Rosie stays on the microphone for Ain’t No Way, and this time I am much more engaged. Her voice with the keyboards underneath, gives it a soulful nostalgic sound and I wallow in the song for several minutes, enjoying all of it. With a full warm sound this is better than the previous Redemption Song and I find myself falling for Rosie all over again.

It’s no surprise that Prince and Rosie next take on Nothing Compares 2 U, and this lifts the show to another level as they belt it out for maximum effect. The organ solo is the heart of the song and gives it an emotional base. It is obviously hitting the right buttons with the audience as they actively sing through the song and give plenty of warm appreciation at the end of the song.

I forget that Come On was less than a year old at this stage, and at this performance Prince plays it in full, with plenty of loops and beats keeping it hopping. The singing comes across well on the recording, and it does have its own charm. I may not like it when Doug E Fresh does his thing, but I do enjoy hearing the crowd sing and chant along with him.

I was curious to hear 1999: The New Master live, until it actually started. It’s a mess, with beat boxing from Doug E. Fresh, and lots of rapping and crowd participation. Some people may like it, for me it’s not really what I want to hear from a Prince show. It does run for ten minutes which can make for hard listening, and I must admit late in the song I stopped paying attention as I wasn’t enjoying it in the slightest.

The loop of Gett Up has me perking up, but we stay with Doug E Fresh for the first minute before Prince hits the main riff and things get started. It’s not the greatest version, but there is no denying the ear-worm of a hook, and the guitar has me listening intently for the couple of minutes the song plays. The final couple of minutes it switches to Gett Off(housestyle), something I wouldn’t normally like but this evening I find myself liking it despite myself, and even Rosie’s scat raises a smile.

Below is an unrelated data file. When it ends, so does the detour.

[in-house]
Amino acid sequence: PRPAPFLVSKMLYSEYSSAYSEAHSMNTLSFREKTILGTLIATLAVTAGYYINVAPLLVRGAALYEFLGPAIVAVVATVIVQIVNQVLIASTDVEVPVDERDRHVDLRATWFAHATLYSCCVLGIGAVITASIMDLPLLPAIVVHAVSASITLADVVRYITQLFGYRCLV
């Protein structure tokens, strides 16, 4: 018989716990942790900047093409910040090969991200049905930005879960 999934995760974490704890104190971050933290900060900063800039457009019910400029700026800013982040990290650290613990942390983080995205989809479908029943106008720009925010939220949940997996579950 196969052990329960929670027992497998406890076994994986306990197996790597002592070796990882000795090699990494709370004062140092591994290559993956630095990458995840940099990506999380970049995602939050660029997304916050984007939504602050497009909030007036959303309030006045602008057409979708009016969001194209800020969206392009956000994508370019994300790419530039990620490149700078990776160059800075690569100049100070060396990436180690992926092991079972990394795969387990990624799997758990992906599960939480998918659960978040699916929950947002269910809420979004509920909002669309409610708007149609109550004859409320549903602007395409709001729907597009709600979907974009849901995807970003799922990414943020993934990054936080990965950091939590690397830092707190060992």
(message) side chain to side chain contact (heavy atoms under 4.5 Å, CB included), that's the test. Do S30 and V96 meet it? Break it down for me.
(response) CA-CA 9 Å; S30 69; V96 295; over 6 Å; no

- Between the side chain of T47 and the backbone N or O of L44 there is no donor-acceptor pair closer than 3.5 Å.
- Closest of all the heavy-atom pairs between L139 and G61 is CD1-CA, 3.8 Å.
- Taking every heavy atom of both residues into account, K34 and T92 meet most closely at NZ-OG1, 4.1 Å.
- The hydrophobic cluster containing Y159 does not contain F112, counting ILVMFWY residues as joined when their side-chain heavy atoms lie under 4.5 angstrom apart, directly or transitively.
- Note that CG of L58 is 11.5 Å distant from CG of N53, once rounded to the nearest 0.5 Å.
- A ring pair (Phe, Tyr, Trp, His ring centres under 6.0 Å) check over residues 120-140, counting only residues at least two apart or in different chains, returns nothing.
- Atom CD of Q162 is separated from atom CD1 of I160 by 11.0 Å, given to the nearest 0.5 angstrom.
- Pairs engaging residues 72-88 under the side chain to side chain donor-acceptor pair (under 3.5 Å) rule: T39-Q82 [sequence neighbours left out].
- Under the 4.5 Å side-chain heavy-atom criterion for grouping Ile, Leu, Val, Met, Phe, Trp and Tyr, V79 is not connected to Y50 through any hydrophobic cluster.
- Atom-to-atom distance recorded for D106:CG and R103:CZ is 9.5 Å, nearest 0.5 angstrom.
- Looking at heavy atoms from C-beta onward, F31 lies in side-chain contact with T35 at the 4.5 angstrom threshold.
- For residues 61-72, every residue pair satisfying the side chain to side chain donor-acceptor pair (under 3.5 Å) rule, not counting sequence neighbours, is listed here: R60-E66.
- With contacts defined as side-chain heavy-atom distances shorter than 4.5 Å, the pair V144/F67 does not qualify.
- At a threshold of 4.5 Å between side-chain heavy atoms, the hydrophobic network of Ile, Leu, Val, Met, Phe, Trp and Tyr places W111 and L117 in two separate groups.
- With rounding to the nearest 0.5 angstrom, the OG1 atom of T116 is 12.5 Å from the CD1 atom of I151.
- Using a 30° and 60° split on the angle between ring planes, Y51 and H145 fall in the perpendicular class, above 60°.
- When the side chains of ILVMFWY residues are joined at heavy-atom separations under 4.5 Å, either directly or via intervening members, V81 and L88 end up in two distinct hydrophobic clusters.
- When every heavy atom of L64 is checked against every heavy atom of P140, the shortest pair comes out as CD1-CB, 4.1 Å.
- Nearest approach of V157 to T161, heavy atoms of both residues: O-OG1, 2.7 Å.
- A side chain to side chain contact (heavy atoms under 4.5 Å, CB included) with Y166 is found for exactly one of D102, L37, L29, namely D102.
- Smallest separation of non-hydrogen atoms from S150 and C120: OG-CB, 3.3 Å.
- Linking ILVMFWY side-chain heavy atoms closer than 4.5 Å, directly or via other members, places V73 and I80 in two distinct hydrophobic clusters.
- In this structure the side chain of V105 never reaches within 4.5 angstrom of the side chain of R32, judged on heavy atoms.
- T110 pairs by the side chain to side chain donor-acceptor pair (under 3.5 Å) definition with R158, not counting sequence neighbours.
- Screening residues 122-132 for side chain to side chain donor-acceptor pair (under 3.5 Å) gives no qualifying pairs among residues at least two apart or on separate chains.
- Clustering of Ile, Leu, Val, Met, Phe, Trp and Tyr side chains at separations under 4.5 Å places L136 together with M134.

rave-prince-2

The final Release Yourself is where Larry Graham and Rosie Gaines shine. The song is such that it is a natural fit for them, and with Larry’s bass rumbling underneath there is another chance for Rosie to sing. The song is yet another finale jam that runs for some time as an upbeat instrumental with plenty of organ and bass. When the singing does begin its as with the key players each taking a part, although Rosie is easily the strongest. Despite this, Larry is recorded best on the recording, a shame as Rosie is going for it near the end even though she is quieter on the recording. It is the finale and there is no surprise as it ends with a flourish.

I was overly optimistic when I set out to listen to this show. I knew 1999 wasn’t a great year for shows, yet I thought some of the songs would offer more. There was some good songs and moments in the show, but they weren’t strong enough to make up for the not so good songs. A run of shows like this and I would quickly lose interest in listening to bootlegs, luckily I know there are plenty more good shows from other years without having to dip into shows like this. An interesting enough experience, but no something I would want to do again any time soon.